An Old Song

Hovering over the opening verses of Psalm 5 this morning. Familiar and yet, thanx to the Spirit, surprisingly fresh this morning.

In 1975 a guy by the name of Bill Sprouse Jr. put the first three verses of Psalm 5 to music. (I know, David had done that a few years before then, but David didn’t have the Authorized Version to work with.) A few years after that, the guy in this chair was regularly singing Bill’s version of Psalm 5 with a group of “young people” whenever they gathered. I’m guessing that, next to John 3:16, probably among the first portions of Scripture I ever memorized.

Meditating on it this morning and I realize (I think for the first time since switching from the NKJV to the ESV in 2011) that the translation I’m reading now is different than the lyrics I sung years ago.

Give ear to my words, O LORD, consider my meditation. Hearken unto the voice of my cry, my King, and my God: for unto Thee will I pray. My voice shalt Thou hear in the morning, O LORD; in the morning will I direct my prayer unto Thee, and will look up.

(Psalm 5:1-3 KJV)

Give ear to my words, O LORD; consider my groaning. Give attention to the sound of my cry, my King and my God, for to You do I pray. O LORD, in the morning You hear my voice; in the morning I prepare a sacrifice for you and watch.

(Psalm 5:1-3 ESV)

It’s that last phrase that I’m chewing on. Directing my prayer vs. preparing a sacrifice. Looking up vs. keeping a watch.

I do a bit of e-enabled comparison of translations and some e-enabled Hebrew lexicon work and am thinking the ESV is probably the more accurate translation. And it’s got me thinking again about the importance of morning prayer when it comes to setting things up for the rest of the day.

Asking God to consider our meditation or groanings in the morning; petitioning Him to hearken or give attention to our words; believing that our God is a God who desires to be engaged in our lives and is ready, willing, and able to hear our voice; should compel us each morning to lay out the pieces of our lives on an altar in His holy presence and then watch closely for His interaction with those pieces.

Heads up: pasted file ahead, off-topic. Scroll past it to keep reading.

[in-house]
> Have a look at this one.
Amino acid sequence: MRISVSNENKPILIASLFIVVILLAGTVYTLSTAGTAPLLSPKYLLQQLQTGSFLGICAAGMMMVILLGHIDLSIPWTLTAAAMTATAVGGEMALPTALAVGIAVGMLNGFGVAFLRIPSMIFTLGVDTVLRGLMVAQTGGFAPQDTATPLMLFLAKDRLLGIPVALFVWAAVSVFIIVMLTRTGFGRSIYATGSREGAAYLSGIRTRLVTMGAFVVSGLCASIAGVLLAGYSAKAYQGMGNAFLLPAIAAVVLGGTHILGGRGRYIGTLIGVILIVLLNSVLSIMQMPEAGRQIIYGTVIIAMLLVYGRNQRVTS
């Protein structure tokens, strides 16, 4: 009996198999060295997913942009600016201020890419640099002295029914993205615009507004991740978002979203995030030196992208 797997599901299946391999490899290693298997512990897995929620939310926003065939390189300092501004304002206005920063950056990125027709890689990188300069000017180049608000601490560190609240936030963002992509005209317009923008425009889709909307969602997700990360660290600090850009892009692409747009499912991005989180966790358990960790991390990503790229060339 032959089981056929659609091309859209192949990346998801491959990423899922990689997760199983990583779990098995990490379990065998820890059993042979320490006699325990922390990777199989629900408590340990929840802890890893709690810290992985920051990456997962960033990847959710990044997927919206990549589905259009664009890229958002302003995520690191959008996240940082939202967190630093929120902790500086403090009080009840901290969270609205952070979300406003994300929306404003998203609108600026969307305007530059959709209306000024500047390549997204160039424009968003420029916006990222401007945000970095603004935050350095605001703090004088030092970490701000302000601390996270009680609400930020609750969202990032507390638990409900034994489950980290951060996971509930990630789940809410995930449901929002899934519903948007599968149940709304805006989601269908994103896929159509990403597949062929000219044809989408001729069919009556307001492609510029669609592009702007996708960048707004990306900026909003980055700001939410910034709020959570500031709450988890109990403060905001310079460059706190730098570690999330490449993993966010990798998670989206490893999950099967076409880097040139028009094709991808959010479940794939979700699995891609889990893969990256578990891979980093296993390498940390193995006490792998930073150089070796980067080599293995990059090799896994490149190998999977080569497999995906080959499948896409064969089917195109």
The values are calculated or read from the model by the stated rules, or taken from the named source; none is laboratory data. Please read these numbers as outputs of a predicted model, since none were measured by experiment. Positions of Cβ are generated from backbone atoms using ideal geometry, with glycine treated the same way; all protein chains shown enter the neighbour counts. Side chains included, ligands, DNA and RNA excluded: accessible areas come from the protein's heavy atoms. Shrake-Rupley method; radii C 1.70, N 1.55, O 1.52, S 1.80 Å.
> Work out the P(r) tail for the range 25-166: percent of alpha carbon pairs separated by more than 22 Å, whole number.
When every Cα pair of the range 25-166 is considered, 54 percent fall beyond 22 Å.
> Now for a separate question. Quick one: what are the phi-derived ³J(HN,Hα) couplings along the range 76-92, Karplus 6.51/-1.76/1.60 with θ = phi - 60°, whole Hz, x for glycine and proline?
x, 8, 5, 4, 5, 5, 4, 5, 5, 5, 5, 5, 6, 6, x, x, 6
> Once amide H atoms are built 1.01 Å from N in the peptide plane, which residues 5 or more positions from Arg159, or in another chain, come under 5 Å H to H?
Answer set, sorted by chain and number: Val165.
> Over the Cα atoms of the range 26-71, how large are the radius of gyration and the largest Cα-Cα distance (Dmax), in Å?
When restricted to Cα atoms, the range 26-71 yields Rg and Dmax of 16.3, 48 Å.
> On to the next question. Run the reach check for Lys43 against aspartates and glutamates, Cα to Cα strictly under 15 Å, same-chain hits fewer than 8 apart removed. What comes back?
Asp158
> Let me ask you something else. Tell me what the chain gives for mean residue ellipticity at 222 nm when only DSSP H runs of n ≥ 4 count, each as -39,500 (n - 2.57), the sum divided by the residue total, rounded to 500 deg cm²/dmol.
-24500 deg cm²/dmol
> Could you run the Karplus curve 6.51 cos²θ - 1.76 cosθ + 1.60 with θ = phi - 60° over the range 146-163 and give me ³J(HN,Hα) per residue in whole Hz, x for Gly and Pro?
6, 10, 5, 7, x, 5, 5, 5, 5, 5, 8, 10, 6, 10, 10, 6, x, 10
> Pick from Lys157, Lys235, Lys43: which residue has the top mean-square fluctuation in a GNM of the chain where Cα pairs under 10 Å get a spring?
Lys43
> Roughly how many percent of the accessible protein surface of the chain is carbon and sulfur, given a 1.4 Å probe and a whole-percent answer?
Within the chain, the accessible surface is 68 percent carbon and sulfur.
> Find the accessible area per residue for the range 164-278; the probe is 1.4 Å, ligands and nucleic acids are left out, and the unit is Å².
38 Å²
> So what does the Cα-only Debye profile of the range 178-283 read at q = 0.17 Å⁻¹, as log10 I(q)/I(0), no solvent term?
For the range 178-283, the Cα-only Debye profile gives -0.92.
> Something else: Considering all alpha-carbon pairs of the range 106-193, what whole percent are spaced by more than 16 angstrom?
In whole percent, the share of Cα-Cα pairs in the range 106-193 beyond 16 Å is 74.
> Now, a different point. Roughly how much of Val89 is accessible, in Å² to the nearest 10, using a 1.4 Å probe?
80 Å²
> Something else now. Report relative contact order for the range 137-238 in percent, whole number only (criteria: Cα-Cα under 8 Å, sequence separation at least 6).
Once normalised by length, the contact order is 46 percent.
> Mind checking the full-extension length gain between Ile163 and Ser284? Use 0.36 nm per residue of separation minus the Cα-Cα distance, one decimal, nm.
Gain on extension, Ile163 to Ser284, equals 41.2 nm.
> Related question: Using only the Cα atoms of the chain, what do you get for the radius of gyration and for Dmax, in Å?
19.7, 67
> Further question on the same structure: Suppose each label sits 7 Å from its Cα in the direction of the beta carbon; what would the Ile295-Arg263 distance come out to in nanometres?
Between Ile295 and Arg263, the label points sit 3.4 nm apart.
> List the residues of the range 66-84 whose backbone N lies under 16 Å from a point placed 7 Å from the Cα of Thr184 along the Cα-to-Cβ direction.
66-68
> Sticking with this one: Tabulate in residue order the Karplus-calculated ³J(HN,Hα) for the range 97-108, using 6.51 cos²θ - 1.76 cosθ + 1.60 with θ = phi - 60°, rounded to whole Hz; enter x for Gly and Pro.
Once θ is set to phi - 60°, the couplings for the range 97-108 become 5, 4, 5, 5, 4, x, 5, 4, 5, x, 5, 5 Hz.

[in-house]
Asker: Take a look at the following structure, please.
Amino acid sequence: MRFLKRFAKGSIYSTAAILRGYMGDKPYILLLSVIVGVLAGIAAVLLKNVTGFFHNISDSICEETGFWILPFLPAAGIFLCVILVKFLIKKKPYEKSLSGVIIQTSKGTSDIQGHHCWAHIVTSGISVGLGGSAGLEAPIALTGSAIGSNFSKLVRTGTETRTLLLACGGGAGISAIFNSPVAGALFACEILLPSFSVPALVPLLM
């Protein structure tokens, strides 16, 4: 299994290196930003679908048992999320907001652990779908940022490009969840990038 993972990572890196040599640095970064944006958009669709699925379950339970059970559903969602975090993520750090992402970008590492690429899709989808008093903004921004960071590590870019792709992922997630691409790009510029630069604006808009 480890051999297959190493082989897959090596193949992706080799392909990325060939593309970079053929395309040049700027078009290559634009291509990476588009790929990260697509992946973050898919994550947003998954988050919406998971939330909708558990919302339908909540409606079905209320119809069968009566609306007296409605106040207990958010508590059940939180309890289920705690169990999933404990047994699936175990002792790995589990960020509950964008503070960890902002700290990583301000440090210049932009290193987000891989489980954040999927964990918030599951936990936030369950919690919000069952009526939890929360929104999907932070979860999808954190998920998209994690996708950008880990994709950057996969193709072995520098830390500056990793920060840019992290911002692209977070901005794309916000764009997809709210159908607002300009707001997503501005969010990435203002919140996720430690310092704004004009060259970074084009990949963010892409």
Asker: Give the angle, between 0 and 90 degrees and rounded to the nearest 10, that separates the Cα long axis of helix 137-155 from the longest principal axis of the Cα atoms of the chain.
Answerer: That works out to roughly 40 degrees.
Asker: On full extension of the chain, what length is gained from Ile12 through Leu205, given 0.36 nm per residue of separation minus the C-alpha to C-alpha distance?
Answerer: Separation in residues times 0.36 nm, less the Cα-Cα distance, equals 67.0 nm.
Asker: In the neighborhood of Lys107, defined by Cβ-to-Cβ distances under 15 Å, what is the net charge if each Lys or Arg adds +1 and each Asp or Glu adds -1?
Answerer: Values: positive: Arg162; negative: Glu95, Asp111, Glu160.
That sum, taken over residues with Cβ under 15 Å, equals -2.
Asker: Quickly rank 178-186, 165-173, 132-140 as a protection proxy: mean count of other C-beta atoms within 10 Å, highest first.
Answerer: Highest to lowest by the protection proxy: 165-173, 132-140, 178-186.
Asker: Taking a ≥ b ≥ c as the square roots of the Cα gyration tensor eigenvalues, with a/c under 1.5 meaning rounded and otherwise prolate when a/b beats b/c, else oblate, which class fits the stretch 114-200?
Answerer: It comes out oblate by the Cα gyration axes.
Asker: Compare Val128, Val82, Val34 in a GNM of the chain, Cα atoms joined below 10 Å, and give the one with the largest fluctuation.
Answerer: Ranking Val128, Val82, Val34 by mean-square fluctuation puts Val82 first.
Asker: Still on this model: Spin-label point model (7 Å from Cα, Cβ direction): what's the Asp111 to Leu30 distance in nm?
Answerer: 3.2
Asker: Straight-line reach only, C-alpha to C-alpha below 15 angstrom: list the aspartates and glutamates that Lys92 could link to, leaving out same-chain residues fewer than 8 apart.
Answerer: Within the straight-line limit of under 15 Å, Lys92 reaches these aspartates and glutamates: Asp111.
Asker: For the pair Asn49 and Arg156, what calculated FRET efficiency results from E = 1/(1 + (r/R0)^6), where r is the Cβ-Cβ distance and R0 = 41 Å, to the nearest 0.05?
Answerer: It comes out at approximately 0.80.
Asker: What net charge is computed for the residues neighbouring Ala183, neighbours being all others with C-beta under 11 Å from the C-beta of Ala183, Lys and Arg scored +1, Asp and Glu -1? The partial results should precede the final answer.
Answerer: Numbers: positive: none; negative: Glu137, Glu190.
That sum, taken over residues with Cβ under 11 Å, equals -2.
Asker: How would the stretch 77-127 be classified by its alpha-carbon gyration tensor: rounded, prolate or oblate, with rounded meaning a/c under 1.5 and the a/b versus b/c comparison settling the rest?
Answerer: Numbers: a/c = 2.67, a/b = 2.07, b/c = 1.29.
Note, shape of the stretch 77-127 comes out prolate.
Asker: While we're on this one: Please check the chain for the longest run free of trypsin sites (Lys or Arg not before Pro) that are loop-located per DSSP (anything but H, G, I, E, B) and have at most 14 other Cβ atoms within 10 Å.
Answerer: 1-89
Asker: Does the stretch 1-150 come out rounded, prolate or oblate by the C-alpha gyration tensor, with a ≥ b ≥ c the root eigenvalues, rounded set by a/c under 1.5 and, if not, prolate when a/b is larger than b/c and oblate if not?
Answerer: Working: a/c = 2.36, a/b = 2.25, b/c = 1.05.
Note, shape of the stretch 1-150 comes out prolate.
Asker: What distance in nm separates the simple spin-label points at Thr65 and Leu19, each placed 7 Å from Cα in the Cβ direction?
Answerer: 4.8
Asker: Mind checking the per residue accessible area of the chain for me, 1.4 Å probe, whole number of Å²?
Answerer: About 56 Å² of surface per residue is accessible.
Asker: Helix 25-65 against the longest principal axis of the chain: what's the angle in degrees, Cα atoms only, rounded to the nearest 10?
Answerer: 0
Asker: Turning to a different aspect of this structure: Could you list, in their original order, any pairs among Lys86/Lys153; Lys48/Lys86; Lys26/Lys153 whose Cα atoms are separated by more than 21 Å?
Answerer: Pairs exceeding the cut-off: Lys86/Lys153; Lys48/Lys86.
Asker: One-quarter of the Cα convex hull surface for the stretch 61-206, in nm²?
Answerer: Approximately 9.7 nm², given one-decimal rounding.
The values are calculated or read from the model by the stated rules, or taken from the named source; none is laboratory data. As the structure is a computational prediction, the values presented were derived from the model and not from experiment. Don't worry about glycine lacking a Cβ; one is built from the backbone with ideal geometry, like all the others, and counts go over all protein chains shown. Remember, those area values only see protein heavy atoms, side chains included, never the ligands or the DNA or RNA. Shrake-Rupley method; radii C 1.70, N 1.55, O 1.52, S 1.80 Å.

More than just looking up and directing our prayers heavenward, so often feeling like they never really get past the ceiling, we instead set forth our praise and petitions for God to descend upon and make contact with as He wills. Rather than trying to force things up, we simply arrange our stuff before Him–all our stuff, the good, the bad, and the ugly–and ask that His fire come down and envelope it.

And then we watch. We look out for. Like a watchman we set ourselves to observe closely. We lean into the day, peering into what is yet to transpire, expectantly looking for how the God who hears our prayers will interact with our pieces.

We watch. We wait. We trust. Having entered His house again through the abundance of His steadfast love (5:7), the love manifest in and through His Son. Taking refuge in His promised protection (5:11). Blessed as we rest in the covering of His all-sufficient, shield-like favor (5:12). Rejoicing as, under our breath, we sing again that old song, if even in the old way . . .

O Lord, in the morning, will I direct my prayer. Unto Thee and will look up.

By Your grace. For Your glory.

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